Bjorn Cumps, PhD
Post-Doctoral Research Associate at the Vlerick Business School in Belgium
Centre for Financial Services
Trust is a delicate flower. One that needs warmth and nurturing but got trampled instead in the financial crisis. Customers have massively turned their backs on the financial services industry as they feel deceived and misled. Regaining customer trust is the number one challenge financial service organisations will face the years to come. And technology, if used correctly, might well be their best chance of achieving this.
Let’s face the facts. Today, the financial sector is at the bottom of the reputational food chain. A culture of profiteering, maximising risks and bonuses, minimising responsibility and looking down on customers has alienated financial service organisations from their customers. The gap between financial service organisations and the customer has never been wider. And that is where new technologies take the stage. More than ever, customers are digitising their lives. From purchasing to socialising, from selling to criticising, they leave their digital trails behind. Both their business and private lives increasingly unfold themselves online. And their beloved devices (smartphones, tablets and computers) are the gateways to this digital life.
Financial service organisations want to regain customer trust by getting to know them better and by being close to them. They call it customer centricity: putting the customer central in their business models. And how better to do this than by leveraging new technologies and taking part in their digitised lives. One of the ways to do this is by combining Big Data with personalisation. Many banks have started to enrich their existing CRM-systems with unstructured data from social media mining to be able to target customers with personalised offerings. If you “liked” your friends Facebook post on ice-skating and tweeted about wanting to go to Disney-On-Ice, it might well be that your next present as a Premium client are tickets to an ice-skating show. It is clear that financial services companies are looking to leverage large amounts of customer data across multiple service delivery channels (branch, web, mobile) to support new predictive analysis models in discovering consumer behavior patterns. Big Data analysis will become a main source of getting to know the customer. But not only Big Data technology is being used for personalisation. The financial industry is discovering social media, not solely as a source of data, or as a marketing tool, but as tool to create a community, an ecosystem around its products. For example, a Belgian bank has created a social media savings account where the customer can save for a specific goal (a new bike, U2 tickets or a new piano), add the amount needed, a description and picture of the goal, post this on Facebook with a %-indicator, and allow Facebook friends to directly contribute and save along with him. Our research indicates that technological innovation focused on creating ecosystems/a community around financial products are the fastest growing category of innovation in financial services (based on a screening of 150 projects).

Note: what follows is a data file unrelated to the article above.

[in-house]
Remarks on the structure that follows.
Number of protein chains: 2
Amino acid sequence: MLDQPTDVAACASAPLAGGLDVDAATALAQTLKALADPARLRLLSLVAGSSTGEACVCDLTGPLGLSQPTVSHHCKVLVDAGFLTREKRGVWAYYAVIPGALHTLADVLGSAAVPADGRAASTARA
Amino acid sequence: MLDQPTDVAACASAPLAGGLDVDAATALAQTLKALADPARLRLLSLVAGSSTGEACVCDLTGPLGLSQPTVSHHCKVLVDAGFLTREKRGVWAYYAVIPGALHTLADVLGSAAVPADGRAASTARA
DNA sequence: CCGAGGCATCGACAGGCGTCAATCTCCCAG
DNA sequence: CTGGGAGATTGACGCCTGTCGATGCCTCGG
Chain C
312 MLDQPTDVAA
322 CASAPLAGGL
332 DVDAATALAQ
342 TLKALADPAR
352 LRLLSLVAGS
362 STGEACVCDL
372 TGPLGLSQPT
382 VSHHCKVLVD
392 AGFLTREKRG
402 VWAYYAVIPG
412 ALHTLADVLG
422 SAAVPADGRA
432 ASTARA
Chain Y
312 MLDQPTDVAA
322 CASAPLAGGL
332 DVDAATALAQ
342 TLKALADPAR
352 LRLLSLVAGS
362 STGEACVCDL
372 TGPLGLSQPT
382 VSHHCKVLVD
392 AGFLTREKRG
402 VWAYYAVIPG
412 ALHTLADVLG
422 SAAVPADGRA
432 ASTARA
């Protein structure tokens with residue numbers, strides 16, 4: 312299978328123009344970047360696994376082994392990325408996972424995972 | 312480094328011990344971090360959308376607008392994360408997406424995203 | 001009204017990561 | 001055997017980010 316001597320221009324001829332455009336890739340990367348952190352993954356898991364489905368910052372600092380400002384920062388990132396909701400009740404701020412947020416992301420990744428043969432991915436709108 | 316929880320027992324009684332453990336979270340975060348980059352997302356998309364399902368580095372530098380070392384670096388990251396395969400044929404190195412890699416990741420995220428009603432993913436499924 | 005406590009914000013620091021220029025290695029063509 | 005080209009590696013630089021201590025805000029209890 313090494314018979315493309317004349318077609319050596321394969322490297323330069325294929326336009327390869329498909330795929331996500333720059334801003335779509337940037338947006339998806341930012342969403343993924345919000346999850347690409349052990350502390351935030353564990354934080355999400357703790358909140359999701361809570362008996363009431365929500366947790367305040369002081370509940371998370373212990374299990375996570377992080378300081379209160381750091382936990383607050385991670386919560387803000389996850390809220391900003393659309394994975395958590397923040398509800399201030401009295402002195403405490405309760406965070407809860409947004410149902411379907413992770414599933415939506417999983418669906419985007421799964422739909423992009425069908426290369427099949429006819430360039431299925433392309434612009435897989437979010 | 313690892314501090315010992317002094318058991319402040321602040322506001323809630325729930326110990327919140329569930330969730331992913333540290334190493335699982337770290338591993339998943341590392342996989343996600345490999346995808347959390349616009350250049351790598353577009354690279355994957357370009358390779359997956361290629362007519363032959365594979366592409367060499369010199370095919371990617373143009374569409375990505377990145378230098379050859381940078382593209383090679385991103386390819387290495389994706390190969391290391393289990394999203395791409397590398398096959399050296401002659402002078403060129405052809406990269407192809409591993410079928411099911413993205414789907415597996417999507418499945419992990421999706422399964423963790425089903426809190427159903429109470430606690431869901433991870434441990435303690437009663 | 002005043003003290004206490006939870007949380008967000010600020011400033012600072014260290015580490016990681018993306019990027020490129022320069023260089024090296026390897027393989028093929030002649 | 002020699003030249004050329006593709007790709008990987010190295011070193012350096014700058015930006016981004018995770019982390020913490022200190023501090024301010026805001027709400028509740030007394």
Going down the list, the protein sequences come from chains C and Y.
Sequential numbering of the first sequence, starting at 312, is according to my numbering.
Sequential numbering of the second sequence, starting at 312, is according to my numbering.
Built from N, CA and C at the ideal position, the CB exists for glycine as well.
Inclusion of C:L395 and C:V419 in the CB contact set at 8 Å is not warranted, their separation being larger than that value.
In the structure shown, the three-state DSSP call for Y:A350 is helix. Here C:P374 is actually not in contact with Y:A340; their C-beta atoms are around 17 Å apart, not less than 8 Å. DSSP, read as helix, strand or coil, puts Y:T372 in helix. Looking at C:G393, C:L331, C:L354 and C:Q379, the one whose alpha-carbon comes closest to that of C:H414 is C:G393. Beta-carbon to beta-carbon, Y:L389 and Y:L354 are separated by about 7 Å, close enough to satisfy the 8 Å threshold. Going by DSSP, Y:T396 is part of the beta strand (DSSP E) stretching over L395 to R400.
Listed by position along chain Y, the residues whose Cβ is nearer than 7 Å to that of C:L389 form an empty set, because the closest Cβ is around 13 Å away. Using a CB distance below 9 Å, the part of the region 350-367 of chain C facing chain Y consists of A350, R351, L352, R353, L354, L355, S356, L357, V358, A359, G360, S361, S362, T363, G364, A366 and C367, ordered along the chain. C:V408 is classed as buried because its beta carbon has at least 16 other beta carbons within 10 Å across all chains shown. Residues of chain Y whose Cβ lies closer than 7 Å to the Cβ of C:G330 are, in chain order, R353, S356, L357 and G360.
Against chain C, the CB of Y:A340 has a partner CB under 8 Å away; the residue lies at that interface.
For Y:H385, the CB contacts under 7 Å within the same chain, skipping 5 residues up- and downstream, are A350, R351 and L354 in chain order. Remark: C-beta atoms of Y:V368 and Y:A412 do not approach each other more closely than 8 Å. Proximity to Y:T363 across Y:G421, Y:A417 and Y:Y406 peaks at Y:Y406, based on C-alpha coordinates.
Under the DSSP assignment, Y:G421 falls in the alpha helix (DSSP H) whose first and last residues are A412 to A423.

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Customers have become mobile thanks to their devices and they expect the same mobility and flexibility from their financial institution. Multi-channel will become the norm. But true multi-channel goes beyond having different channels (branch, web, mobile) available. It means financial institutions need to shift from silo-channels to true process integrated channels that complement each-other. The customer will chose which channel he uses for which product. Offering the right product-channel mix will become key for differentiated offering. Furthermore, successful financial service organisations will offer one uniform process that works across all channels. If a customer wants to start his loan application on his smartphone, continue it on his computer and finish it in the branch this should be one fluid process without having to re-enter information. Financial service organisations who can deliver the best customer experience will be able to differentiate himself from the competition. But differentiation in the front requires excellence and integration in the back.
Customer centricity is also key for many financial service organisations. But you need a streamlined back-end to do this in an affordable and profitable way. That is why technology also has a major impact on the back-end. Process mining software and enterprise architecture tools are increasingly being used to create a structured and streamlined set of customer-facing business processes. Big data is also crucial in identifying, monitoring and minimising/avoiding business risks. Regulation (Basel III, Solvency II …) are data- and simulation driven and require strong information management capabilities. And knowing your customer is not only necessary in the front to offer customised service, but also in the back to detect fraud and securing your systems. Of course, big data is only … big data. What will separate the winners from the losers is how financial service organisations transform their huge amounts of unstructured data into true, actionable business intelligence. Data reduction, transformation and analysis skills & technology will be at the core of the future financial service organisation. To better know your customer. To regain that trust. To get that flower blooming again.